Friday, September 28, 2012

Pantera - Vulgar Display Of Power - 20th Anniversary Edition

Vulgar Display Of Power - 20th Anniversary Edition
Rhino Entertainment Company/Warner Music Australia

Following on from the overwhelming success of the remastered/expanded twentieth anniversary re-release of ‘Cowboys From Hell’ a couple of years ago, Pantera (Alongside their label Rhino Entertainment Company) have again decided to take a step back in time and give another one of their album’s a much needed makeover in deluxe form. Not surprisingly, 2012 marks the twentieth anniversary of the group’s sixth full-length effort ‘Vulgar Display Of Power’, which makes it the perfect release to be given a complete revamp.
Originally released in 1992 (On Atco Records/Atlantic Records), ‘Vulgar Display Of Power’ saw Pantera build upon the power groove based metallic sound that was evident on their former release, but with a greater level of aggression, venom and confidence that was previously only hinted at (Especially on the vocal front, where Phil Anselmo all but abandoned his high/clean voice). Given the general lack of heaviness and rawness from most metal releases at the time, fans firmly embraced the band’s newest release, which in turn saw the release quickly become one of Pantera’s biggest selling albums – propelling them into elite status.
Anyone who’s heard or followed Pantera over the years will no doubt be familiar with ‘Vulgar Display Of Power’, or at the very least the numerous singles lifted from the album throughout 1992 – 1993 (‘Mouth For War’, ‘Hollow’, ‘This Love’, ‘Fucking Hostile’ and ‘Walk’). So for the benefit of this review, I’ll bypass putting my personal thoughts down on the album itself (It’s a good album, but not one of my all time favourite Pantera releases), and instead focus on the extras included on this reissue
One of the most talked about extras on this reissued version of ‘Vulgar Display Of Power’ is without a doubt ‘Piss’. The previous unreleased track was recorded during the album sessions, and according to bassist Rex Brown, was cut from the album primarily because the album didn’t seem to need it. And it was a good decision too, as ‘Piss’ isn’t really one of Pantera’s stronger efforts. Although far from terrible, Anselmo’s lyrics are a little overbearing in the macho stakes, while the overall riff structures, tempos and performance within the song come across as somewhat mundane and repetitive. As a bonus track, its inclusion here is justified. But had it made it onto ‘Vulgar Display Of Power’, ‘Piss’ would have easily stood out as the album’s weakest effort. Personally, I prefer ‘Use My Third Arm’ (Which featured on the band’s follow-up effort ‘Far Beyond Driven’ from 1994), where the band recycled the riff into a completely new and far superior tune.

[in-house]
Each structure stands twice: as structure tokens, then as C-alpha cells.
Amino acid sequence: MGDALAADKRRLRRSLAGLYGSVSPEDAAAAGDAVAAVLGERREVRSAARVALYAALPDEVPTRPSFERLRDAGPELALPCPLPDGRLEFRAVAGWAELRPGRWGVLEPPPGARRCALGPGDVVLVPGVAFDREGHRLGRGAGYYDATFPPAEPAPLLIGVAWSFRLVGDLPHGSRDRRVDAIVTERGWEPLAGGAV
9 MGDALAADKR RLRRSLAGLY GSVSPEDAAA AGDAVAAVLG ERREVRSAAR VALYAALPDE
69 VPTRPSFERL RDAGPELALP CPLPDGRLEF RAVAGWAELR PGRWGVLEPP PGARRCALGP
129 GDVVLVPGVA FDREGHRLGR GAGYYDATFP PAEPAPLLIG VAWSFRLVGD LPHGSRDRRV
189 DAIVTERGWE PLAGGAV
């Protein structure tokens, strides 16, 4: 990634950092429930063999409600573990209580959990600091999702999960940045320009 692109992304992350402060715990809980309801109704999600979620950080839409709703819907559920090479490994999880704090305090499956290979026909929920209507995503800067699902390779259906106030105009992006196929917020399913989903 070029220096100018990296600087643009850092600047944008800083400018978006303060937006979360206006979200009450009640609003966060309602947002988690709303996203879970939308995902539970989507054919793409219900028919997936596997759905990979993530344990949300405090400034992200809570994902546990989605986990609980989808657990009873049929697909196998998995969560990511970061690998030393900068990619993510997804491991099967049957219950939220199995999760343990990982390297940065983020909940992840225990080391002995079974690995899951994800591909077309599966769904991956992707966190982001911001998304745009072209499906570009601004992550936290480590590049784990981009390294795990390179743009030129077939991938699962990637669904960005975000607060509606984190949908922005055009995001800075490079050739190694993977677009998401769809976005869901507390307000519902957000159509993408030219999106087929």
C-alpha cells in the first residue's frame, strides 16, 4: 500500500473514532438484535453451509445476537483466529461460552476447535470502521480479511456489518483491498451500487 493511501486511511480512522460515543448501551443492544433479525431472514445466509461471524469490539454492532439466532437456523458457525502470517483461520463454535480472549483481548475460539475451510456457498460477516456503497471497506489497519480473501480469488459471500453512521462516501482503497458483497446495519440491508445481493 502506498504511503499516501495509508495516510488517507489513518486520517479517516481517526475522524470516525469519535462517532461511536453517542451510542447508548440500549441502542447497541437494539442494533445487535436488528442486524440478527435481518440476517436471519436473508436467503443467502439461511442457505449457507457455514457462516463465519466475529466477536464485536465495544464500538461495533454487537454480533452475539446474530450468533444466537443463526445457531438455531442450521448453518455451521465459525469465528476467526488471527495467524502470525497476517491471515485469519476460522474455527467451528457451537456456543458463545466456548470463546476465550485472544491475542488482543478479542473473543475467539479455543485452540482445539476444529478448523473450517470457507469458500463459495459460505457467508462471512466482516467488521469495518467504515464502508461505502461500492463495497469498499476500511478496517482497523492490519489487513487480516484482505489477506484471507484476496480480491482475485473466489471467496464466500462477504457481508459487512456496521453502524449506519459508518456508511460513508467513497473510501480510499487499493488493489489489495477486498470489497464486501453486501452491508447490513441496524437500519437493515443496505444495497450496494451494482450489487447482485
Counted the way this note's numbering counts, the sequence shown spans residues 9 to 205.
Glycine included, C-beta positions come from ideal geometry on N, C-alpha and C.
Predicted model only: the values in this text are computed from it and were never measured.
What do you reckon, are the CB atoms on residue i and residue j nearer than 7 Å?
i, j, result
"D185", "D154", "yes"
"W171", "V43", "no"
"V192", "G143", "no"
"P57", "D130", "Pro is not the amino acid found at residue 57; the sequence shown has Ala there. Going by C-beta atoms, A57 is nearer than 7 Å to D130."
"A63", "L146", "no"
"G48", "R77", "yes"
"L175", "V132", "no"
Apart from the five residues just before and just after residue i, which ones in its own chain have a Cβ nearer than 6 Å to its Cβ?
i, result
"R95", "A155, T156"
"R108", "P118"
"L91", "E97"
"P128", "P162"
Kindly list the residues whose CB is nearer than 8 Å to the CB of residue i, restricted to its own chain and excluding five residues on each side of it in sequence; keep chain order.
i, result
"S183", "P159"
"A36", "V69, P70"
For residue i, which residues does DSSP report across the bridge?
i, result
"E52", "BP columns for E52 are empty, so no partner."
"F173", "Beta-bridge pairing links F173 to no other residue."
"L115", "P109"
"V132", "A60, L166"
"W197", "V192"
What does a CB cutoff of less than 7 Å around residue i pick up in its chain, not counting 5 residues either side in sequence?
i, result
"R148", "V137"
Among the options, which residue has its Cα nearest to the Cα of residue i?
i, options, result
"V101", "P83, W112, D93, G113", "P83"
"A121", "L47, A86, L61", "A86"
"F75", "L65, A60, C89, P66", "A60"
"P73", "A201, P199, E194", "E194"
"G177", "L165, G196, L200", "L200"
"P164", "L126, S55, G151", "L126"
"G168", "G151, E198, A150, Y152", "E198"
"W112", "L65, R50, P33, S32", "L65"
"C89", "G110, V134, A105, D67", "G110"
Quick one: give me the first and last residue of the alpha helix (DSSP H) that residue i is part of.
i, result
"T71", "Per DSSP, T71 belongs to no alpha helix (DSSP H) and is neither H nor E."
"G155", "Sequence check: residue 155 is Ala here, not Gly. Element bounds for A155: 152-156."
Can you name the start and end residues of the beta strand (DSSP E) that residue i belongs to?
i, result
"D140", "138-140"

Apart from the bonus audio track, this re-release also comes with a bonus D.V.D. While the inclusion of the three promotional video clips (‘Mouth For War’, ‘This Love’ and ‘Walk’) the band made for the album is a bit of overkill (Who needs them if they have 1999’s ‘3 Vulgar Videos From Hell’ D.V.D.?), the six track/twenty-nine minute ‘Live In Italy’ set is a real highlight. Shot for MTV at the Monsters Of Rock festival (Which took place in Reggio Emilia on 12th September 1992), this complete live set from the band is well shot, sounds great and boasts a rock solid performance from the band. Although the footage has been doing the rounds for years on the net, finally getting a copy of this show on D.V.D. is a real treat for diehard fans.
Sound wise, Howie Weinberg’s remastering does sound a little sharper and louder than the original album, which is what you would expect given the album is twenty years old, while the liner notes (Courtesy of Revolver Magazine’s senior editor Jon Wiederhorn) and the lyrics for ‘Piss’ are seamlessly blended into the old package without looking too out of place.
Overall, the deluxe re-release of ‘Vulgar Display Of Power’ has been well done. It would have been cool to see a little more on the D.V.D., and the overall packaging is a bit of a step down to what was presented on ‘Cowboys From Hell’, but still a decent enough re-release worthy of Pantera diehard’s attention.

For more information on Pantera, check out -

© Justin Donnelly

No comments:

Post a Comment